Describe And Comment On The Philosophy Of Buddhism

1176 words - 5 pages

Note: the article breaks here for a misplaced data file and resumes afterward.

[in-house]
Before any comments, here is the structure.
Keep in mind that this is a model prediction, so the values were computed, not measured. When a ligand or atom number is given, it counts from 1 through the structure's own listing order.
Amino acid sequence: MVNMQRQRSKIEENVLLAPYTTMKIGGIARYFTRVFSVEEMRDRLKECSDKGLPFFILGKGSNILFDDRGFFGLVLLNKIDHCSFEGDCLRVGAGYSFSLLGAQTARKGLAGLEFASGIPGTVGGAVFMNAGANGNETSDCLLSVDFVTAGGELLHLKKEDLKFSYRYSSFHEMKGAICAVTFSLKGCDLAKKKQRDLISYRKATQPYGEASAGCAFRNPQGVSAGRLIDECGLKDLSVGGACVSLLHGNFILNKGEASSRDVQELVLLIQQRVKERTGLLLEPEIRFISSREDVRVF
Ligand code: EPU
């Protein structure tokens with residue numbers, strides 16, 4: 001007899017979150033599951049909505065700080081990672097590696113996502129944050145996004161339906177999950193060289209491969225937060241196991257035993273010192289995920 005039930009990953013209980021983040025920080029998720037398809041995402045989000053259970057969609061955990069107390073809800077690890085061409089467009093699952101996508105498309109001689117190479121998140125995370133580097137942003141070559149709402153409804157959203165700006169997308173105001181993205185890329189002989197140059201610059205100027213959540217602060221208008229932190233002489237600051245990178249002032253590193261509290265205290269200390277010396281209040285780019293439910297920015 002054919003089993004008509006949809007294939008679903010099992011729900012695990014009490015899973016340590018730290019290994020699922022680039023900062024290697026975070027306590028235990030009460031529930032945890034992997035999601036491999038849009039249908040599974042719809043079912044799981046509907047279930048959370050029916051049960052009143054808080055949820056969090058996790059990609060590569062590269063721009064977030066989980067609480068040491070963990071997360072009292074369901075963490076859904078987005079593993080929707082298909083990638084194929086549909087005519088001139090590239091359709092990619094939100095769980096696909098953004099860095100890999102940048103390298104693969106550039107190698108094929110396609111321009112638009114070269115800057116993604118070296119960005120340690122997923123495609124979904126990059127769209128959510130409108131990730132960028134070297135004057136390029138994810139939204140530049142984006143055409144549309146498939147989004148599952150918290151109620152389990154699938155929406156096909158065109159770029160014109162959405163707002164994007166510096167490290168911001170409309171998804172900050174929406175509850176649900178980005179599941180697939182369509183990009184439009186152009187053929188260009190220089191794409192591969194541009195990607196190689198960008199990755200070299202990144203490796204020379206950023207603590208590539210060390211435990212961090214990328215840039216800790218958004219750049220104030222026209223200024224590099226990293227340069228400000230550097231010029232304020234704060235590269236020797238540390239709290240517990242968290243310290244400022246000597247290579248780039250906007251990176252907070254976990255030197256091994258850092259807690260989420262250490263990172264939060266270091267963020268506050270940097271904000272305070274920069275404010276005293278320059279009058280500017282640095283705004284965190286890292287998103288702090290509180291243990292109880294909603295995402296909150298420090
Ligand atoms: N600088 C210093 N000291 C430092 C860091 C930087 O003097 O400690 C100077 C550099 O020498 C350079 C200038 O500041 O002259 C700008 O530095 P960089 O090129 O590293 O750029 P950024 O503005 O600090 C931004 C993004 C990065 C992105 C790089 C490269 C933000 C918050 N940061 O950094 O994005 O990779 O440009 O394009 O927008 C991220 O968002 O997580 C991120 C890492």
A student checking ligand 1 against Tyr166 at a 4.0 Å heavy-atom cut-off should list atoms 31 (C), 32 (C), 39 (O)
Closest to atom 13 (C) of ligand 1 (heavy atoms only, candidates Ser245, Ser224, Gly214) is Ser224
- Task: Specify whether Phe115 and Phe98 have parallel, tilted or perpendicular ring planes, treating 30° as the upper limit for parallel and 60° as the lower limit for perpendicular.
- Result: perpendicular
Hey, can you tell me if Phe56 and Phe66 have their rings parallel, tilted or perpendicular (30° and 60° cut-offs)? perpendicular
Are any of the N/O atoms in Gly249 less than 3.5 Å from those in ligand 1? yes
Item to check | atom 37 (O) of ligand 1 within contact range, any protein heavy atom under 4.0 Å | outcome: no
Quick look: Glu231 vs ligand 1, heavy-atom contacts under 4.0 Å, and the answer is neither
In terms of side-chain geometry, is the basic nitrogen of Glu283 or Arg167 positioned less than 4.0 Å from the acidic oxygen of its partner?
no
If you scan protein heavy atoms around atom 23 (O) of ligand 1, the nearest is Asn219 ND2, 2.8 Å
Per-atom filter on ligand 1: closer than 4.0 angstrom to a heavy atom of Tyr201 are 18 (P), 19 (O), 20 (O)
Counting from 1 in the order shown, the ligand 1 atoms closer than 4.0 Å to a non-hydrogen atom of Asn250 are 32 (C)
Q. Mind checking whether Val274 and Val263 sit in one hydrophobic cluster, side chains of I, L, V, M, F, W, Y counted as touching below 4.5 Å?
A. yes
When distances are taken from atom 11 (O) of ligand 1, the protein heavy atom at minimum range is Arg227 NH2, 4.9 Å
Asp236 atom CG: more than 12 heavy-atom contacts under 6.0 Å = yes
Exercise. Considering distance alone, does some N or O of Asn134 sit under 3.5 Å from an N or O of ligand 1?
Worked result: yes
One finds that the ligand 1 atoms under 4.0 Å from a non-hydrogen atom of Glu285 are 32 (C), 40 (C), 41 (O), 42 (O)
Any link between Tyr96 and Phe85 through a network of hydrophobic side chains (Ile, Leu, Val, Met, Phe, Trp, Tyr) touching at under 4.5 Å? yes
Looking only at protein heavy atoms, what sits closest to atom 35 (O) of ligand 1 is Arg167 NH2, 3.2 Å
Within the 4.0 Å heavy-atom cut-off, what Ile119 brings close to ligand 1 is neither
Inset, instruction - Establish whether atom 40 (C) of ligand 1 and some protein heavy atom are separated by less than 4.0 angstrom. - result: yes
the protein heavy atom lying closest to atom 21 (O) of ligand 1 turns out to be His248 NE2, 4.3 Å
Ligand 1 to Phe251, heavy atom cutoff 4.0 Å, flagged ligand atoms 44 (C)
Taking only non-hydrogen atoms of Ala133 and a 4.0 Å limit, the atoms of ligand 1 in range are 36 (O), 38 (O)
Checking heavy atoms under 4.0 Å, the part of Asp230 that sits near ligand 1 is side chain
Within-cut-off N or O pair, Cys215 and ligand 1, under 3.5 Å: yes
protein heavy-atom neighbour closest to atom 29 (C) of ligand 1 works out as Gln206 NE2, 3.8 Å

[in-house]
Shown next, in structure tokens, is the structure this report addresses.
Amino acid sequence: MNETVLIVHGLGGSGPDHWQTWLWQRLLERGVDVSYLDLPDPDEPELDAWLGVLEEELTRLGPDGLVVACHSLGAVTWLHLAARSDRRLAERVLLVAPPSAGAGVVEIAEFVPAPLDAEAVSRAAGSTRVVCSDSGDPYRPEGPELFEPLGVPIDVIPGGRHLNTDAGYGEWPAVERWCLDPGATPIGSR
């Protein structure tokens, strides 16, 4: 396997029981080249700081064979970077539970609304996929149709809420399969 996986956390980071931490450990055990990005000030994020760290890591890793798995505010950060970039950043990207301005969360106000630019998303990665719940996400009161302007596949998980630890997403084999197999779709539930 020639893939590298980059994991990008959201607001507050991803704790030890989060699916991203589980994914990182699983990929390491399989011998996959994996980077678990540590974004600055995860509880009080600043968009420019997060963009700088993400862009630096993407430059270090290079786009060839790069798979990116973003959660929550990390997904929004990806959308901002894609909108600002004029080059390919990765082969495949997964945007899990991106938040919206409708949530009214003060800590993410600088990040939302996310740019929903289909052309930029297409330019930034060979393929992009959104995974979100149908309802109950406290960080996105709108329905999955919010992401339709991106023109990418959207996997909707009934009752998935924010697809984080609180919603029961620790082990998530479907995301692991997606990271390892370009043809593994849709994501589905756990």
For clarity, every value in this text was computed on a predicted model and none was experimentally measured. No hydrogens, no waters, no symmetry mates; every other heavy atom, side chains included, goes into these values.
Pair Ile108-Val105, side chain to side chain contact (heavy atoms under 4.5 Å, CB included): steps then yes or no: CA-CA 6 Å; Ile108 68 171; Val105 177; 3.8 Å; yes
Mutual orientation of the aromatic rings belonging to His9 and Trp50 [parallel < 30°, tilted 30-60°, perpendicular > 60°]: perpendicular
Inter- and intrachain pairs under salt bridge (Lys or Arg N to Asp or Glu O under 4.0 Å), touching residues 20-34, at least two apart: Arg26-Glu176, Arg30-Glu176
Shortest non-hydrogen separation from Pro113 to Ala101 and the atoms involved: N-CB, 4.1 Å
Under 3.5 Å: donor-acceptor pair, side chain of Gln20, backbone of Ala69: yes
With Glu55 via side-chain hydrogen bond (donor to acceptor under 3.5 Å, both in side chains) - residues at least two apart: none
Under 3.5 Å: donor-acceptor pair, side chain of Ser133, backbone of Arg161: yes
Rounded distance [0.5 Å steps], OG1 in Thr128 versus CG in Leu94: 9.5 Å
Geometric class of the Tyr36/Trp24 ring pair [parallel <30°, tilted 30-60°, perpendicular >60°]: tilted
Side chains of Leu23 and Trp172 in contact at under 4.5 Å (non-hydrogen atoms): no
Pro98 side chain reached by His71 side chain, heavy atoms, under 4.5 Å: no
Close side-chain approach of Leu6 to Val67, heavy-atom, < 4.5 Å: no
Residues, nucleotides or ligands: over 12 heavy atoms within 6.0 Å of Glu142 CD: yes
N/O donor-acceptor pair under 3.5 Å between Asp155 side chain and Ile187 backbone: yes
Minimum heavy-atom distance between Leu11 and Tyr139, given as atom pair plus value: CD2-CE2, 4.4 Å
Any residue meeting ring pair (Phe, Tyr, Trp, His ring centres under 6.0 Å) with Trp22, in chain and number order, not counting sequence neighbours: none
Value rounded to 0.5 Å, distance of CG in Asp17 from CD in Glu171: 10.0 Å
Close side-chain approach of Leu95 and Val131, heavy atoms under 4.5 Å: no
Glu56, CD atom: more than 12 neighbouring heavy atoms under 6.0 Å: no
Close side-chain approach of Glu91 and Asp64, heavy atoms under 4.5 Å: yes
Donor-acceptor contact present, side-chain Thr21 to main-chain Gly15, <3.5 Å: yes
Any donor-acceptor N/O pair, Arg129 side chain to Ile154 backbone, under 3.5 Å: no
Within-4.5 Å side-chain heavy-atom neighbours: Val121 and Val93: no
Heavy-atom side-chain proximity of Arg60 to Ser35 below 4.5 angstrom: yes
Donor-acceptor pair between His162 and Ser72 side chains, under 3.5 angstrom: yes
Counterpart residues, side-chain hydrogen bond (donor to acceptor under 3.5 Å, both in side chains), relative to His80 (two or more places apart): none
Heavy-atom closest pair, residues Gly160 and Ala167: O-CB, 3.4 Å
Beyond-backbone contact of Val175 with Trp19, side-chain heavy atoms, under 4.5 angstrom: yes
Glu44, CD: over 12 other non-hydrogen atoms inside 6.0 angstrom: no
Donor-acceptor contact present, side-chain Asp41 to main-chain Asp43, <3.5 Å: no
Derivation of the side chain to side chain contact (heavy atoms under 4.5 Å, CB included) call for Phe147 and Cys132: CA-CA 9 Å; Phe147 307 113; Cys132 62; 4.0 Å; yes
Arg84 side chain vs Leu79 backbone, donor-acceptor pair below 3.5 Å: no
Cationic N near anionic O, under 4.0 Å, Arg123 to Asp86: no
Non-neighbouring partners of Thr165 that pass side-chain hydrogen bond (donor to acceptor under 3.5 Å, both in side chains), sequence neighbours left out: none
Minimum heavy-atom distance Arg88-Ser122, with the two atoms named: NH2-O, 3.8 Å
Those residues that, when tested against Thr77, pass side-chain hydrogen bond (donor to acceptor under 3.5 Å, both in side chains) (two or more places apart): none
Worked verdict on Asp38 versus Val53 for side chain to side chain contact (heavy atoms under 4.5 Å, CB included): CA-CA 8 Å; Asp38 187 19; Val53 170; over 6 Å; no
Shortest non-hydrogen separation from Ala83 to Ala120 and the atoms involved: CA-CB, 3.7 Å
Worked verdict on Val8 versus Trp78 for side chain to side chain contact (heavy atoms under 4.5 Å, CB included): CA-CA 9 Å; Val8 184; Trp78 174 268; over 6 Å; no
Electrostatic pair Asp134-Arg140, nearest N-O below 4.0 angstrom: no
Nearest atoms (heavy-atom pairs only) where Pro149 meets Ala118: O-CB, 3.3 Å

Buddhism is the fourth largest religion in the world. It is a path of practice and spiritual development that leads into the insight of the true nature of life; a path which eventually ends in enlightenment or Buddha hood. Buddhism includes the teachings of Buddha, and wants to end suffering that is caused by desire. It is taught that suffering comes to an end when the desire comes to an end. During this time enlightenment takes place and provides a new found conduct, wisdom, and meditation that is also known as a, "rebirth."Buddhism was originally founded in Northeastern part of India , by a man named Buddha Shakyamuni; "Buddha" meaning 'Enlightened One' or 'Awakened One'. The Buddha never claimed any divine status for himself, nor was he a god. He was a flesh-and-blood human being. Buddha was a royal prince whose birth is unknown, but is thought to be born around c. 500 BC. He was born in Lumbini, or present day Nepal . The Buddha lived in luxury and was spared from all hardships of life. While living as the prince in his palace he began to grow restless and curious about what was outside of the palace walls. So he gave up family and privilege to become a wondering ascetic. He set off beyond the palace walls and after six years of self-deprivation, Buddha Shakyamuni turned to a "Middle Path" of moderation (Bulliet 184). His first experience of enlightenment took place underneath the Bodhi Tree in Bodh Gaya , India ; where he gained knowledge the true nature of reality.The Buddha was known for rejecting many of the philosophies of the Hindu beliefs. Buddha didn't believe in the Caste System of the Hindu's; nor did he accept the three-in-one God known as, "Brahman.". Buddha challenged many of the Vedic Scriptures. He thought that all individuals have the right to believe in what they want, rather than having to follow the path of faith that is laid down for them by their families. And the Buddha encouraged people of all different backgrounds to practice his belief system.The new profound insight into the true nature of reality, that the Buddha gained, he set forth as "The Four Truths." The first truth is said to be that "Dukkha," or life is suffering. Each and every person is going to feel pain and go through suffering that is just a part of life in which we cannot escape. The followers of Buddhism felt as though human life was full of this suffering from the time one is born to the day of ones death. Buddhism dealt with this suffering, by helping one cope with the everyday challenges of life. The second Noble Truth "Samudaya," suffering arises from desire. This deals with the unhappiness of life, the aspects in our lives that bring us down to an unsatisfactory level. Buddhist teaches that life is unsatisfactory because of "Avija" and "Tanha, and that the answer can be found within us. "Tanha," which means cravings, is said to be the reason human beings often live their lives wanting to be something they're not. Desires and egos are two of the...

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